Bookkeepers produce financial records for organizations. They record financial transactions, update statements, and check financial records for accuracy. Bookkeepers are employed in many industries, including firms that provide accounting, tax preparation, bookkeeping, and payroll services. They are also employed in various levels of government and schools.
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Bookkeepers typically do the following:
The records that bookkeepers work with include expenditures (money spent), receipts (money that comes in), accounts payable (bills to be paid), accounts receivable (invoices, or what other people owe the organization), and profit and loss (a report that shows the organization's financial health).
Some bookkeepers are full-charge bookkeeping clerks who maintain an entire organization’s books. Others are accounting clerks who handle specific tasks. These clerks use basic mathematics (adding, subtracting) throughout the day. As organizations continue to computerize their financial records, many bookkeepers use specialized accounting software, spreadsheets, and databases. Most clerks now enter information from receipts or bills into computers, and the information is then stored electronically. They must be comfortable using computers to record and calculate data. The widespread use of computers also has enabled bookkeepers to take on additional responsibilities, such as payroll, billing, purchasing (buying), and keeping track of overdue bills. Many of these functions require clerks to communicate with clients.
Bookkeeping clerks often are responsible for some or all of an organization’s accounts, known as the general ledger. They record all transactions and post debits (costs) and credits (income). They also produce financial statements and other reports for supervisors and managers. Bookkeepers prepare bank deposits by compiling data from cashiers, verifying receipts, and sending cash, checks, or other forms of payment to the bank. In addition, they may handle payroll, make purchases, prepare invoices, and keep track of overdue accounts.
Accounting clerks typically work for larger companies and have more specialized tasks. Their titles, such as accounts payable clerk or accounts receivable clerk, often reflect the type of accounting they do. Often, their responsibilities vary by level of experience. Entry-level accounting clerks may enter (post) details of transactions (including date, type, and amount), add up accounts, and determine interest charges. They also may monitor loans and accounts to ensure that payments are up to date. More advanced accounting clerks may add up and balance billing vouchers, ensure that account data is complete and accurate, and code documents according to an organization’s procedures. Auditing clerks check figures, postings, and documents to ensure that they are mathematically accurate and properly coded. They also correct or note errors for accountants or other workers to fix.
Most bookkeepers need a high school diploma, and they usually learn some of their skills on the job. They must have basic math and computer skills, including knowledge of spreadsheets and bookkeeping software. However, some employers prefer candidates who have some postsecondary education, particularly coursework in accounting. In 2009, 25% of these workers had an associate’s or higher degree.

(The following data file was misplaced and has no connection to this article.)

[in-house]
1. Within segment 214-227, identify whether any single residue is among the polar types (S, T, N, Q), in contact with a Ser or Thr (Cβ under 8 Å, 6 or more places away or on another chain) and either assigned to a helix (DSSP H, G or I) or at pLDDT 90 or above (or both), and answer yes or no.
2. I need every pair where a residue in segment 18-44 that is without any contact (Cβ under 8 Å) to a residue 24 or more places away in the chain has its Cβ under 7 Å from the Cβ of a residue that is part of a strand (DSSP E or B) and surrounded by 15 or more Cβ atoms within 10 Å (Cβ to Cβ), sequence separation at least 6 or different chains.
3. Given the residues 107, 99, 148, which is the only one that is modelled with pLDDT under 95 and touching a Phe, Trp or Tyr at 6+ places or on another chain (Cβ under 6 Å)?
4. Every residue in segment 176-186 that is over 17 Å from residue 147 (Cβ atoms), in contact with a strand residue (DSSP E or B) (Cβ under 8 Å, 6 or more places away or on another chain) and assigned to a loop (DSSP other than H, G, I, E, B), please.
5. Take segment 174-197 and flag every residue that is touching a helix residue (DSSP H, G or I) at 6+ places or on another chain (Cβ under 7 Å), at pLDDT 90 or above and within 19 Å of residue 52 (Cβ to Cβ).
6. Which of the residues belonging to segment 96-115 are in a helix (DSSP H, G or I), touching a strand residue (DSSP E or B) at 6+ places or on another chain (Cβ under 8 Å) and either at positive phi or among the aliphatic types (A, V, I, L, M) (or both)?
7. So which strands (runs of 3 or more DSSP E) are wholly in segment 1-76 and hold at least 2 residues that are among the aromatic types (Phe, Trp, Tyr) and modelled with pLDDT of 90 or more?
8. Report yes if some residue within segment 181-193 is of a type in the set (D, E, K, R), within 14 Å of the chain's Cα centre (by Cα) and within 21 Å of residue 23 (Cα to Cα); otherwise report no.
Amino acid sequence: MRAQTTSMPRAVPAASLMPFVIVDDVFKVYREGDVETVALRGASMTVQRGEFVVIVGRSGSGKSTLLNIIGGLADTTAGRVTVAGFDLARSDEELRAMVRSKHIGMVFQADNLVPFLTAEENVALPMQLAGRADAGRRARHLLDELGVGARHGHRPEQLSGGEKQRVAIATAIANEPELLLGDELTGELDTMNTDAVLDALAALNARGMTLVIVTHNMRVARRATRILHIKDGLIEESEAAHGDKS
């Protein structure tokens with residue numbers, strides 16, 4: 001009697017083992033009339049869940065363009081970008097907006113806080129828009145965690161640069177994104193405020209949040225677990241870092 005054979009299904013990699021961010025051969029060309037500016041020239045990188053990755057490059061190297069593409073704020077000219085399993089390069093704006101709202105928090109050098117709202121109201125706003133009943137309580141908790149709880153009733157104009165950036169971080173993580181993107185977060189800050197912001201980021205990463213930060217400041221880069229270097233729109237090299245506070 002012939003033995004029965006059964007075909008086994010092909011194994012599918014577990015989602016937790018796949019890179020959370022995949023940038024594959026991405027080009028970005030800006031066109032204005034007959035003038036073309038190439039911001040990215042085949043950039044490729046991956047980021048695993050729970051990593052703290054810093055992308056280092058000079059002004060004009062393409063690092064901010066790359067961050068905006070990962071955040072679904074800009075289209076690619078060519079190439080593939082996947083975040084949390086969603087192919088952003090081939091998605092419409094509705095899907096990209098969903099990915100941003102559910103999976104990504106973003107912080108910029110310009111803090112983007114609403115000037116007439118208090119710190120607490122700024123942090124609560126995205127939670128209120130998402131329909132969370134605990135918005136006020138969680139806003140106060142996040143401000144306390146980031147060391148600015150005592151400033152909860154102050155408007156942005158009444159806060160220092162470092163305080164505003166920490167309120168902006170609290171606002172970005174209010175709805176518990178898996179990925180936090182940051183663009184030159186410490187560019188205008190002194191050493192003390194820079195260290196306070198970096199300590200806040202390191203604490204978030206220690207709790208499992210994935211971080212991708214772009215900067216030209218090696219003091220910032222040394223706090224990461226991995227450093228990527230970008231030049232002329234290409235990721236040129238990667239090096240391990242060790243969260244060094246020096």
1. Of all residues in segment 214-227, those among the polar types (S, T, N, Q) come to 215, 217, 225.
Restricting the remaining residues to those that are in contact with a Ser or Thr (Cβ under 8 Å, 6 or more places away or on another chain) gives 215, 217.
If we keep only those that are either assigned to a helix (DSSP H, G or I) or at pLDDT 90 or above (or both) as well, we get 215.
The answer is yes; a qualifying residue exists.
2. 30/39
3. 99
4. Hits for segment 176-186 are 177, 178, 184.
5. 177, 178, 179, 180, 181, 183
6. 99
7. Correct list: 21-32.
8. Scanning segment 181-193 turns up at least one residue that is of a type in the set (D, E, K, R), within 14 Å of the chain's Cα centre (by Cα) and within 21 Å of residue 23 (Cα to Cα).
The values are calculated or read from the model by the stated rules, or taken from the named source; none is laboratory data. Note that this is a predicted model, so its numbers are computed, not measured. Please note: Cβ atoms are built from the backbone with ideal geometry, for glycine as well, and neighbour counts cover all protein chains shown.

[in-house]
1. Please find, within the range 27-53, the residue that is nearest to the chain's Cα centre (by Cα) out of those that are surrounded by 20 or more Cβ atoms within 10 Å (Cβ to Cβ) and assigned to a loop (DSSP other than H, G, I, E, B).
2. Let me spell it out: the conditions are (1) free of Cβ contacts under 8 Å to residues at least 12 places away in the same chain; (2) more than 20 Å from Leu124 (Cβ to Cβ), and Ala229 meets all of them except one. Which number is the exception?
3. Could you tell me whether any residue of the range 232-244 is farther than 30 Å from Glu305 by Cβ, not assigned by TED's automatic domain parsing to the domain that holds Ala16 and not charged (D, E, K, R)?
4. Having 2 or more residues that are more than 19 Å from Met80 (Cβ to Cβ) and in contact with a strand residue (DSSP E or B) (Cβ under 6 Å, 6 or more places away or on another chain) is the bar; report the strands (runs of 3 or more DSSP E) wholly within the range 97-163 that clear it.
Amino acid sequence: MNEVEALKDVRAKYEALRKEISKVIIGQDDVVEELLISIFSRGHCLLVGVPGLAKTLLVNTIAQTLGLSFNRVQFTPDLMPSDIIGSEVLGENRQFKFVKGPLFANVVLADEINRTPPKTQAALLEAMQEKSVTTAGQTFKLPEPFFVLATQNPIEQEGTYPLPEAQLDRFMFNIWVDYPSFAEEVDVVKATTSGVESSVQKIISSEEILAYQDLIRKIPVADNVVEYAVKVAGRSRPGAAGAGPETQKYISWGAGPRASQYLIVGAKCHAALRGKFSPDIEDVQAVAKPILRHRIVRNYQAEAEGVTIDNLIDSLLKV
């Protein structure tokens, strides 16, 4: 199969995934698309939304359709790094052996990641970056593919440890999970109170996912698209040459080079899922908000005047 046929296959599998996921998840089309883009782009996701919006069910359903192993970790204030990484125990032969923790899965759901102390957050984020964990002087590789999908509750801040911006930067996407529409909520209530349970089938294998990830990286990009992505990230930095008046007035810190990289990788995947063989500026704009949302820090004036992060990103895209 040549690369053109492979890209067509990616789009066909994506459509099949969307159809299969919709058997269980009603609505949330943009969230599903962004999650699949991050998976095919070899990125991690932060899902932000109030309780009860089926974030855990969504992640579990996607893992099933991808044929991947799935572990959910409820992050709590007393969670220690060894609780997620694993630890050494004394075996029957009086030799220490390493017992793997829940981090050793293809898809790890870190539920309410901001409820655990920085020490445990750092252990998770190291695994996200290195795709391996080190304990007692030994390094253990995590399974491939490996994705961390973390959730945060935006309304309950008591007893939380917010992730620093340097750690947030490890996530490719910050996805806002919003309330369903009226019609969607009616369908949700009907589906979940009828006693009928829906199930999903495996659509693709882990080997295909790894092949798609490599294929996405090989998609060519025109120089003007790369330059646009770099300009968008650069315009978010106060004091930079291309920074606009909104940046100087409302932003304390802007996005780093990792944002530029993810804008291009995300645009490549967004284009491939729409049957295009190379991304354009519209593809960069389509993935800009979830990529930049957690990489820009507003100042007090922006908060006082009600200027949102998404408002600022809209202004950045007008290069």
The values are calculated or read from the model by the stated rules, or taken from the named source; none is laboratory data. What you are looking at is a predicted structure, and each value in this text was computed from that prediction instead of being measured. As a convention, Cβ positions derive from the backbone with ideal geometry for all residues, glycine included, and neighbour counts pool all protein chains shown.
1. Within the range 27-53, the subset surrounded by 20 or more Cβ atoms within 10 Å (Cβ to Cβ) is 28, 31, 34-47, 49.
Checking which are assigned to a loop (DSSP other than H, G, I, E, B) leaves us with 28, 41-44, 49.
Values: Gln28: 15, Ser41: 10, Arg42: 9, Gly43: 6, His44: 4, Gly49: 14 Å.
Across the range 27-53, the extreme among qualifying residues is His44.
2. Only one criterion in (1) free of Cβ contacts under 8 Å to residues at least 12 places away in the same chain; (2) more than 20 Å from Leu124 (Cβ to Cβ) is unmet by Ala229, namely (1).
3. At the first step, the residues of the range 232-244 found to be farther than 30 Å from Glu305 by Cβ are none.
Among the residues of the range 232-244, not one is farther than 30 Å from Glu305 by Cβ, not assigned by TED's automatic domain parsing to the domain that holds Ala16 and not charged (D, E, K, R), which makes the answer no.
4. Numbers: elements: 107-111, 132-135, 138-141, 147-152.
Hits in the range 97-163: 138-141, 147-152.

Bookkeepers usually get on-the-job training. Under the guidance of a supervisor or another experienced employee, new clerks learn how to do their tasks, including double-entry bookkeeping. (Double-entry bookkeeping means that each transaction is entered twice, once as a debit (cost) and once as a credit (income) to ensure that all accounts are balanced.) Some formal classroom training also may be necessary, such as training in specialized computer software. This on-the-job training typically takes around six months.
Some bookkeepers become certified, which shows that people have the skills and knowledge needed to carry out all bookkeeping tasks, including overseeing payroll and balancing accounts, according to accepted accounting procedures. For certification, candidates must have at least two years of bookkeeping experience, pass a four-part exam, and adhere to a code of ethics. Several colleges and universities offer a preparatory course for certification. Some offer courses online. In addition, certified bookkeepers are required to meet a continuing education requirement every three years to keep their certification.
With appropriate experience and education, some bookkeepers may become accountants or auditors. These clerks are responsible for producing accurate financial records. They must pay attention to detail to avoid making errors and to recognize errors that others have made. Bookkeepers should be comfortable with basic arithmetic because they deal with numbers daily. Bookkeepers need basic computer skills. They should be comfortable using spreadsheets and bookkeeping software. Also, these workers have control of an organization’s financial documentation, which they must use properly and keep confidential. It is vital that they keep records transparent and guard against misappropriating an organization’s funds.
Bookkeepers generally work in offices, but some who are self-employed can work at home.
The median annual wage of bookkeepers was $34,030 in May 2010. The lowest 10% earned less than $21,270, and the top 10% earned more than $51,470.